Craig from Brookfield, WI
I've submitted a bunch of really great questions, yet you never post them or respond. Boooooooo! Booooooo! BOOOOOOOOOOOOO!
And we're off, so we might as well get going.
Mike from Novato, CA
Hey guys, not a question, just an acknowledgement to...Terrell Buckley. While it's too early to judge Alexander, he has shown aggressiveness and attention to detail, and plays bigger than his height. He has acknowledged Buckley's help and advice while Terrell was CB coach at Louisville. Whatever you think of Buckley's tenure in Green Bay (and I'm among the "thumbs down" crowd), he learned his lessons well enough to enjoy a good pro career elsewhere, and become an effective coach for future NFL players.
The thing I've liked best so far about Alexander, and Jackson for that matter, is the moments haven't seemed too big for them. Bigger moments are coming.
Matt from Roanoke, VA
I can't say that I've seen a veteran with as much confidence that Alexander has as a rookie. While I appreciate his play and his ability as a corner, is he going a bit much too fast? My eyes may have deceived me, but it appears that Jackson has outplayed him thus far.
There's no need to rank them at this point. Take another look at the Bears' third-and-2 play in the red zone late in the fourth quarter. Playing an underneath zone, Alexander began darting about four different directions as the Bears ran their route combinations and still ended up in the right spot to impact the play. One false step too far and the Packers probably lose the game.
Gerry from New Berlin, WI
If a backup QB comes in for Kirk Cousins, would that be a Cousins sub?
John from Atlanta, GA
Longtime reader, first-time questioner. Good discussion on the "Unscripted" podcast regarding roughing-the-passer penalties. I think the league should consider adding a "running into the QB" penalty similar to kickers. Five yards, no automatic first down. Just enough to discourage the late, non-egregious hits.
I'm intrigued by the thought process, but I think the last thing the NFL wants to do, especially with regard to QBs, is add another judgment call to the mix. A lot of rule changes are geared toward making things more black-and-white, not the other way around.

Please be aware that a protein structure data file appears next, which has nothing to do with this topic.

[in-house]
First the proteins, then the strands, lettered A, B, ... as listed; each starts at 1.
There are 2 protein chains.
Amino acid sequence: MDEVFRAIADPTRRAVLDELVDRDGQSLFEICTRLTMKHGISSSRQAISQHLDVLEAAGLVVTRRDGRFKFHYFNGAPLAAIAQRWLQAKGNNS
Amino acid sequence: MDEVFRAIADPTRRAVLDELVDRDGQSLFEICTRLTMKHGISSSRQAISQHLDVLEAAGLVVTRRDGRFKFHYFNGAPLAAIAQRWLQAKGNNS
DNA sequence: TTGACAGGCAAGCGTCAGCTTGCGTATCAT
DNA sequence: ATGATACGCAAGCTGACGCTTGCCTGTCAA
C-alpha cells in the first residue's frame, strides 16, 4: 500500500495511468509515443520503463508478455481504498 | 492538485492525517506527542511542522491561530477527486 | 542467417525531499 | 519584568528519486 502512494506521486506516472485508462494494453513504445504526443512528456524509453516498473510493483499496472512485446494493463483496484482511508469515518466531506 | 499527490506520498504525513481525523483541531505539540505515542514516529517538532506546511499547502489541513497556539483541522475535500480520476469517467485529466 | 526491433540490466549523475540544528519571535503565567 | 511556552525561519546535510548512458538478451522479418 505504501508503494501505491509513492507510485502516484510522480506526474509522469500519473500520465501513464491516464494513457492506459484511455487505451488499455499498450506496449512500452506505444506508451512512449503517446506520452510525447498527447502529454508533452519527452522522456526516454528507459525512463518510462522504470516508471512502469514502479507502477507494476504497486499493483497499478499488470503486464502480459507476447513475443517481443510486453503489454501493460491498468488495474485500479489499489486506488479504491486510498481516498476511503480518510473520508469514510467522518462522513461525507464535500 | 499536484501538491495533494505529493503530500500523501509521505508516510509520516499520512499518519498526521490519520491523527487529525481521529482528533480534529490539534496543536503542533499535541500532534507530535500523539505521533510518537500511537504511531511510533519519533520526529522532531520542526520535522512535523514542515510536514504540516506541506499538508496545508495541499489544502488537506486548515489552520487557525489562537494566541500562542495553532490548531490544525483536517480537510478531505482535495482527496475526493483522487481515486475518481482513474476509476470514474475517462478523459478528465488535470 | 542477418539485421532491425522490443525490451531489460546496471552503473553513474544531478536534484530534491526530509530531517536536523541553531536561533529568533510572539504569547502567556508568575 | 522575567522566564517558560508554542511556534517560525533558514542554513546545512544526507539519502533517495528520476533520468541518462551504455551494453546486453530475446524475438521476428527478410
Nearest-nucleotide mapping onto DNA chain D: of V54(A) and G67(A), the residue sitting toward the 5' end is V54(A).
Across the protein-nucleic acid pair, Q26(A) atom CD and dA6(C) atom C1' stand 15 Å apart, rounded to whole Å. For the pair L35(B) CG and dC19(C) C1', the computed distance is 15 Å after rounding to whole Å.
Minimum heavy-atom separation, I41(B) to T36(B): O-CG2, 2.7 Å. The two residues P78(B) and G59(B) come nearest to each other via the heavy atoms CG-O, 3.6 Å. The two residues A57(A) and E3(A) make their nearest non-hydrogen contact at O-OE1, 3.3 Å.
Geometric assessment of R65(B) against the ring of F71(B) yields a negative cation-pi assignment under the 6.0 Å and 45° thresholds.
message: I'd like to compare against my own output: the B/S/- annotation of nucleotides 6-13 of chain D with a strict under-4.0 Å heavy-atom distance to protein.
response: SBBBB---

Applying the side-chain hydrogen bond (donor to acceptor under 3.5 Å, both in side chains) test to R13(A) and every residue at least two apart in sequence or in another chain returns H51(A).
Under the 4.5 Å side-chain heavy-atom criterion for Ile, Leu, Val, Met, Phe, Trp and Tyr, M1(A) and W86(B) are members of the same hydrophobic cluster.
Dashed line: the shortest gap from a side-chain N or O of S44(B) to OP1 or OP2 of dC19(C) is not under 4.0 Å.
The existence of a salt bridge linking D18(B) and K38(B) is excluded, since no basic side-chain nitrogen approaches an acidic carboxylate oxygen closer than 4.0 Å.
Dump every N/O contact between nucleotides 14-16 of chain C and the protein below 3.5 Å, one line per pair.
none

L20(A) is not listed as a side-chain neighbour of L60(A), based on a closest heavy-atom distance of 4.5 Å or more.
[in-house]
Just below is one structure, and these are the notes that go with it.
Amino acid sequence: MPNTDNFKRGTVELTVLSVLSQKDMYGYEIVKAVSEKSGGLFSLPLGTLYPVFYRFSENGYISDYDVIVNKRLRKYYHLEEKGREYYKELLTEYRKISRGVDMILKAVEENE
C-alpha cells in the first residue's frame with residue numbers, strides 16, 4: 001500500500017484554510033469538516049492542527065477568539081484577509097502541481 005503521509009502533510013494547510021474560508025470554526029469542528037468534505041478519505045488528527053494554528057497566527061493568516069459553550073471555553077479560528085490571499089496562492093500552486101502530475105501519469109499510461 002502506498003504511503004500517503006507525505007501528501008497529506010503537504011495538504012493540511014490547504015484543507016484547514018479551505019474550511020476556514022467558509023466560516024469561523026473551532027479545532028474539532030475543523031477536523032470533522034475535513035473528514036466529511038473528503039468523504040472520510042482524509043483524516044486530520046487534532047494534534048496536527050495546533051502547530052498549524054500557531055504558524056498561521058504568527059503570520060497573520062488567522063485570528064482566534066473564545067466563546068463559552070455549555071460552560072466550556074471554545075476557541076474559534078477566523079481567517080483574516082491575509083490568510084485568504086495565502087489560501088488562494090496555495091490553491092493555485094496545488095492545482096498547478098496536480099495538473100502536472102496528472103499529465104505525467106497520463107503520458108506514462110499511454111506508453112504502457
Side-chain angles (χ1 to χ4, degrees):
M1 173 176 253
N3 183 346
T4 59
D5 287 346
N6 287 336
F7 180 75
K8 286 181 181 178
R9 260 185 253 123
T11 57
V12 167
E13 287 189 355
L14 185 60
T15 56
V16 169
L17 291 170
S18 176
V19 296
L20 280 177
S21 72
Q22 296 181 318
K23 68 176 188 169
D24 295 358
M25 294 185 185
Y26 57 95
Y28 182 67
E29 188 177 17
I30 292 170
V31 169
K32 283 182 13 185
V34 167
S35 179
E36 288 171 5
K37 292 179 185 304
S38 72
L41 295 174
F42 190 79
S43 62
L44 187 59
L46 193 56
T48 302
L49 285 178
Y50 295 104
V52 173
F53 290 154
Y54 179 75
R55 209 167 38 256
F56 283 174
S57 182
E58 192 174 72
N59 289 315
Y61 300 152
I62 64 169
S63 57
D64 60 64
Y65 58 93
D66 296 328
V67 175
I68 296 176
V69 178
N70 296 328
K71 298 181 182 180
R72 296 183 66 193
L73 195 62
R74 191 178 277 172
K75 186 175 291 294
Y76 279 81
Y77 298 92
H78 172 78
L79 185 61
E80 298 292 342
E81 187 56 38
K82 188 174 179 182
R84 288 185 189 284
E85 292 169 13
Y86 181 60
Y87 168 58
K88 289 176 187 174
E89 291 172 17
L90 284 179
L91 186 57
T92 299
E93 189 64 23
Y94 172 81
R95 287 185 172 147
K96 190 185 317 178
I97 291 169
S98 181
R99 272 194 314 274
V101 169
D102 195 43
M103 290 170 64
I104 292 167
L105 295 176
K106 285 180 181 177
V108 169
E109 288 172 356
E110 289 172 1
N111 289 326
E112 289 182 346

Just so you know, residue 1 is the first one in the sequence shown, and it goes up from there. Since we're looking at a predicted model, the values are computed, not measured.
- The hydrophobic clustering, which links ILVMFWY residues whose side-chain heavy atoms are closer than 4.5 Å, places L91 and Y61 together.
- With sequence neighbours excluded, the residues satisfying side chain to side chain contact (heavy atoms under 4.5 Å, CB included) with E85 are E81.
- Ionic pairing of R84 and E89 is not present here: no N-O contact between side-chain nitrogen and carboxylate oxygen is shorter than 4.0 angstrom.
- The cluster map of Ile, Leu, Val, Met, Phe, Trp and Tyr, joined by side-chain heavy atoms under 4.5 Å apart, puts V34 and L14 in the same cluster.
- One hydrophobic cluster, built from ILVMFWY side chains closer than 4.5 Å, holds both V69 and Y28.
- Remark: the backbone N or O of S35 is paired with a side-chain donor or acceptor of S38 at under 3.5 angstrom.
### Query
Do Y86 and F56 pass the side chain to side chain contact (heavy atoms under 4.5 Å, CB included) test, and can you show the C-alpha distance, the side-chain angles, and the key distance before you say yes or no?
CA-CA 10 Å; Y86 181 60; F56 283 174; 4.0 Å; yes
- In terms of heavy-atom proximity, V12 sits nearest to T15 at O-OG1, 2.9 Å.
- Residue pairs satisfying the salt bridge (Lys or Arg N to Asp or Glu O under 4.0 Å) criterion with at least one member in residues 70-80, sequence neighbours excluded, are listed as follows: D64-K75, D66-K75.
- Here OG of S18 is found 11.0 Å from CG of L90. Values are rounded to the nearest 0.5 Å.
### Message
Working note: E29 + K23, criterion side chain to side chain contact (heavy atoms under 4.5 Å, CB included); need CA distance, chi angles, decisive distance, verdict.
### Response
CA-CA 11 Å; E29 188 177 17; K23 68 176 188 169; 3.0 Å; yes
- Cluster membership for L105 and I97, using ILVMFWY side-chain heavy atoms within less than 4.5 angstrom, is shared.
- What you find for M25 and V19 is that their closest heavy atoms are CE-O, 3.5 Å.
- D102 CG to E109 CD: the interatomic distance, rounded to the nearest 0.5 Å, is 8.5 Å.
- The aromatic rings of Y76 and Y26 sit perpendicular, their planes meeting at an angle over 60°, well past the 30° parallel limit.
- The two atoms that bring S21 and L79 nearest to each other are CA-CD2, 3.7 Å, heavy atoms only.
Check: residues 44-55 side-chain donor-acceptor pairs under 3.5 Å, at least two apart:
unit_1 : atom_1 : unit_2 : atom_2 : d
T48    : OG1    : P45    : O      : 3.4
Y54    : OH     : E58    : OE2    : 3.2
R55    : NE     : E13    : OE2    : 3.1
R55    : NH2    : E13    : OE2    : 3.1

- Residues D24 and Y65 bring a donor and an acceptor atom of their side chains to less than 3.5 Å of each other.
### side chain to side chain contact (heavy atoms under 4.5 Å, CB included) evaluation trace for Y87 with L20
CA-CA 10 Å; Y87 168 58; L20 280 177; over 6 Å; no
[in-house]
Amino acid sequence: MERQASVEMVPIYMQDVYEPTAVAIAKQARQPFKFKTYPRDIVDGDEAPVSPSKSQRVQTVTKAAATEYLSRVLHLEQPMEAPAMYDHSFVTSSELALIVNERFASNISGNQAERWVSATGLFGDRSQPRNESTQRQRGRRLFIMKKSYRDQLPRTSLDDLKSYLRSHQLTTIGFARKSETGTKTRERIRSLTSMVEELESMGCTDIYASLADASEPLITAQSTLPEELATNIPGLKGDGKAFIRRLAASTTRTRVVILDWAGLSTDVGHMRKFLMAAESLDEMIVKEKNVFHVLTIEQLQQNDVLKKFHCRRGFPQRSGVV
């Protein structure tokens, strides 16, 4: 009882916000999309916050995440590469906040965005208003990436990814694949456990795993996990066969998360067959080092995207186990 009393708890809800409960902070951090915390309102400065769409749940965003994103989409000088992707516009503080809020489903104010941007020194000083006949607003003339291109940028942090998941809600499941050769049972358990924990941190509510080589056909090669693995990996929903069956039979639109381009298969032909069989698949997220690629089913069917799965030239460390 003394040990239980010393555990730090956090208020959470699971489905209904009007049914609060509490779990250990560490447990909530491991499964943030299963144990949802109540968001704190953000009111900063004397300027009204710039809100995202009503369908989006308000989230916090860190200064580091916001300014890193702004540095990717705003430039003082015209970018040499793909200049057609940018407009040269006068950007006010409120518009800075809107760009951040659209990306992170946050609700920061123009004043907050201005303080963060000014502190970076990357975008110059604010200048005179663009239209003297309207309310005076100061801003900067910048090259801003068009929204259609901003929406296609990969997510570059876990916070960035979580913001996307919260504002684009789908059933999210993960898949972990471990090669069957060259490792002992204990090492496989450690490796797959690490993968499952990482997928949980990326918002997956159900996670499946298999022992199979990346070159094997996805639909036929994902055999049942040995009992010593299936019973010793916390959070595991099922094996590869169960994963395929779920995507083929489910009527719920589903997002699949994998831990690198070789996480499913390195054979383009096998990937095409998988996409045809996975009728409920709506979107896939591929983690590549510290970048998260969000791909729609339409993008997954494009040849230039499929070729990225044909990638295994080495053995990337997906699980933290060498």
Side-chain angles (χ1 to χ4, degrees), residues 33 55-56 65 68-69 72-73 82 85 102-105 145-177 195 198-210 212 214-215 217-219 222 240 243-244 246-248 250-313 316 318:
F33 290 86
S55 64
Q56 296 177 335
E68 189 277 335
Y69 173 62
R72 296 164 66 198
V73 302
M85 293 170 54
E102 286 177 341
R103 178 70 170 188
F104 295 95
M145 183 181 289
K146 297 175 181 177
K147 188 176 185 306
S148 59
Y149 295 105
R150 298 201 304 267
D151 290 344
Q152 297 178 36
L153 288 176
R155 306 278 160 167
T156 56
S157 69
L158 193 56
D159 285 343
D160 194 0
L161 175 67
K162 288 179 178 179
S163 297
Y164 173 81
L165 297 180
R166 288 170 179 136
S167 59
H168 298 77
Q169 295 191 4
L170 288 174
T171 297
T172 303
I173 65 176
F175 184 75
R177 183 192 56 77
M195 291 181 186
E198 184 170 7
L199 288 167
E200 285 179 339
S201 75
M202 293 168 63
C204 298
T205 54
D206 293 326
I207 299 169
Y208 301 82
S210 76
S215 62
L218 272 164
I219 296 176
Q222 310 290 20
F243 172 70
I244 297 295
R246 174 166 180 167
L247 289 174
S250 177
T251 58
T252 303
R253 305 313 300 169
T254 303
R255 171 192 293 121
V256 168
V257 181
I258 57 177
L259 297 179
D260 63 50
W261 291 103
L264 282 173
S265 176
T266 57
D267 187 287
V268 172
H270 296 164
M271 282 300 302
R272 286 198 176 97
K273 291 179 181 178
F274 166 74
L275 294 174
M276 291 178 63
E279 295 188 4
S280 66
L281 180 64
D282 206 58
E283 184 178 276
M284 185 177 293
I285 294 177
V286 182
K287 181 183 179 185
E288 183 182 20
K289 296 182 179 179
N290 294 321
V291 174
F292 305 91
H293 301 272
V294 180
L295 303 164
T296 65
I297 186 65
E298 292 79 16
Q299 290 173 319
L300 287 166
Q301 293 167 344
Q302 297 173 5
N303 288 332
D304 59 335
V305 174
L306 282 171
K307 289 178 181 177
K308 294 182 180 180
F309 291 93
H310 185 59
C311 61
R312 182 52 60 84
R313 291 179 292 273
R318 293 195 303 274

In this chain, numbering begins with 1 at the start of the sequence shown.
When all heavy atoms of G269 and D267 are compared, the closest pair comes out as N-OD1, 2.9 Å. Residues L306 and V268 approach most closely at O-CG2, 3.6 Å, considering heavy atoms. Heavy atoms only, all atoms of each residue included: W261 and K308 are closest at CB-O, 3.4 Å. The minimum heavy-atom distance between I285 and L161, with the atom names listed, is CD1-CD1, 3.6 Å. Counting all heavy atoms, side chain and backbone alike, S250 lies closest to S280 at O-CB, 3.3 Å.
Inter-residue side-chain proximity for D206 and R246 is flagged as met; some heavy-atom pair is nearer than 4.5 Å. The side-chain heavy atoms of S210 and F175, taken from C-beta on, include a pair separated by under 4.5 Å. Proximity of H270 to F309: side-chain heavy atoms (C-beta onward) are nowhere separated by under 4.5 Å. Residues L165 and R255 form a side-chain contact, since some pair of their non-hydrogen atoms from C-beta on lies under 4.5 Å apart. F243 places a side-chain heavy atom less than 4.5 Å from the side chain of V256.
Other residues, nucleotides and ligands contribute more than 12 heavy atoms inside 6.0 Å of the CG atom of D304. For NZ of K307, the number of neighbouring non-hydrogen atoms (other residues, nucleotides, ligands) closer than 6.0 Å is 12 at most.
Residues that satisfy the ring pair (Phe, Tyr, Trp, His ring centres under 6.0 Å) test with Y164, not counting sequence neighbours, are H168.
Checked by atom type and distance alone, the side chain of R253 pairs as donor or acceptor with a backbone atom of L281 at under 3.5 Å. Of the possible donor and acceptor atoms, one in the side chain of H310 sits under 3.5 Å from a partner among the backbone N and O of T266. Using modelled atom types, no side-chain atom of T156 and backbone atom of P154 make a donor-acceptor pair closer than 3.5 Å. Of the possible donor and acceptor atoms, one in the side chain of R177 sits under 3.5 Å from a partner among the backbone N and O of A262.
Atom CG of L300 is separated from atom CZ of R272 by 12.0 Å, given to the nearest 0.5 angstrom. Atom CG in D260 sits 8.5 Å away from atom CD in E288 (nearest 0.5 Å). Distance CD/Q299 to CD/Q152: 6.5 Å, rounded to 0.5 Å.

Jeremiah from Denver, CO
The Vikings have a very solid defense. Do you have any insight on the strength of their depth chart vs. their starters? Any idea how this could affect the game plan?
I really don't know much about Minnesota's depth on defense because the Vikings stayed remarkably healthy on that side of the ball all last season. If talent is the No. 1 factor for them on defense, continuity is No. 2. They have a great scheme, but having the same guys play it, week after week and year after year now, makes a huge difference.
Dan from Kenosha, WI
Spoff, in response to Tim from Upland, CA's comment on the John Hadl trade...I'm pretty sure we could get two 1's, two 2's, and a third-rounder for our 34-year-old QB. Just sayin'.
Ha, good one. Hey, even Hall of Famers make mistakes with draft trades. Ron Wolf traded up in the first round for Jamal Reynolds. It happens.
Matthew from Portland, OR
Trevor Davis to IR. That's bad news. Is this the IR where he can return later or is it season-ending? Thanks for any clarification.
Anyone who's placed on IR from the 53-man roster after the end-of-preseason cut-down deadline is eligible to return after the mandated time period, but it doesn't mean he will. The team doesn't have to designate its two potential choices in advance.
Robbie from Sturgeon Bay, WI
How about those Brewers! Wednesday night's game really made my season. Watching Hader progress and sort of take on the bulldog look pioneered by Jeffress warmed my heart. His demeanor on the mound was as nasty as his stuff. I hope the Brewers win the division, but even if they don't, the win made it more likely the Cardinals will be getting the best the Cubs have to offer in their last series of the year. I hope I am cheering for the Cardinals...
Max from Freeport, FL
At first I thought Bulaga whiffed on his block when Mack got the strip-sack on Kizer. But when I saw the replay it looked as if Bulaga had Mack blocked and had good position and technique, but Kizer stepped to the right edge of the pocket and positioned himself in front of Mack for an easy sack and subsequent fumble. Was that sack really on Kizer?
There's not much a lineman can do in that situation except be ready to pounce on the ball if it comes out, and Mack never made it available.
Jordan from Walpole, MA
Granted the information out there about Rodgers' injury is very limited, but do you believe that his injury given time will get better throughout the season or will it be an all-season issue?
He said Wednesday he was feeling better, but he gave no timetable as far as how long he might be dealing with this. If he plays, what happens in the games will certainly factor.
Bill from Bloomfield Hills, MI
I bet I can guess the winner of the 100 Moments brackets.
We might be surprised what the online crowd decides.
Derrick from Watertown, SD
I thought Rodgers did a fine job on Sunday night and his passer rating suggests my perception is correct. However, his QBR was in the 40s which is considered below average. What accounts for the discrepancy in these measures? Does QBR not include the fourth quarter?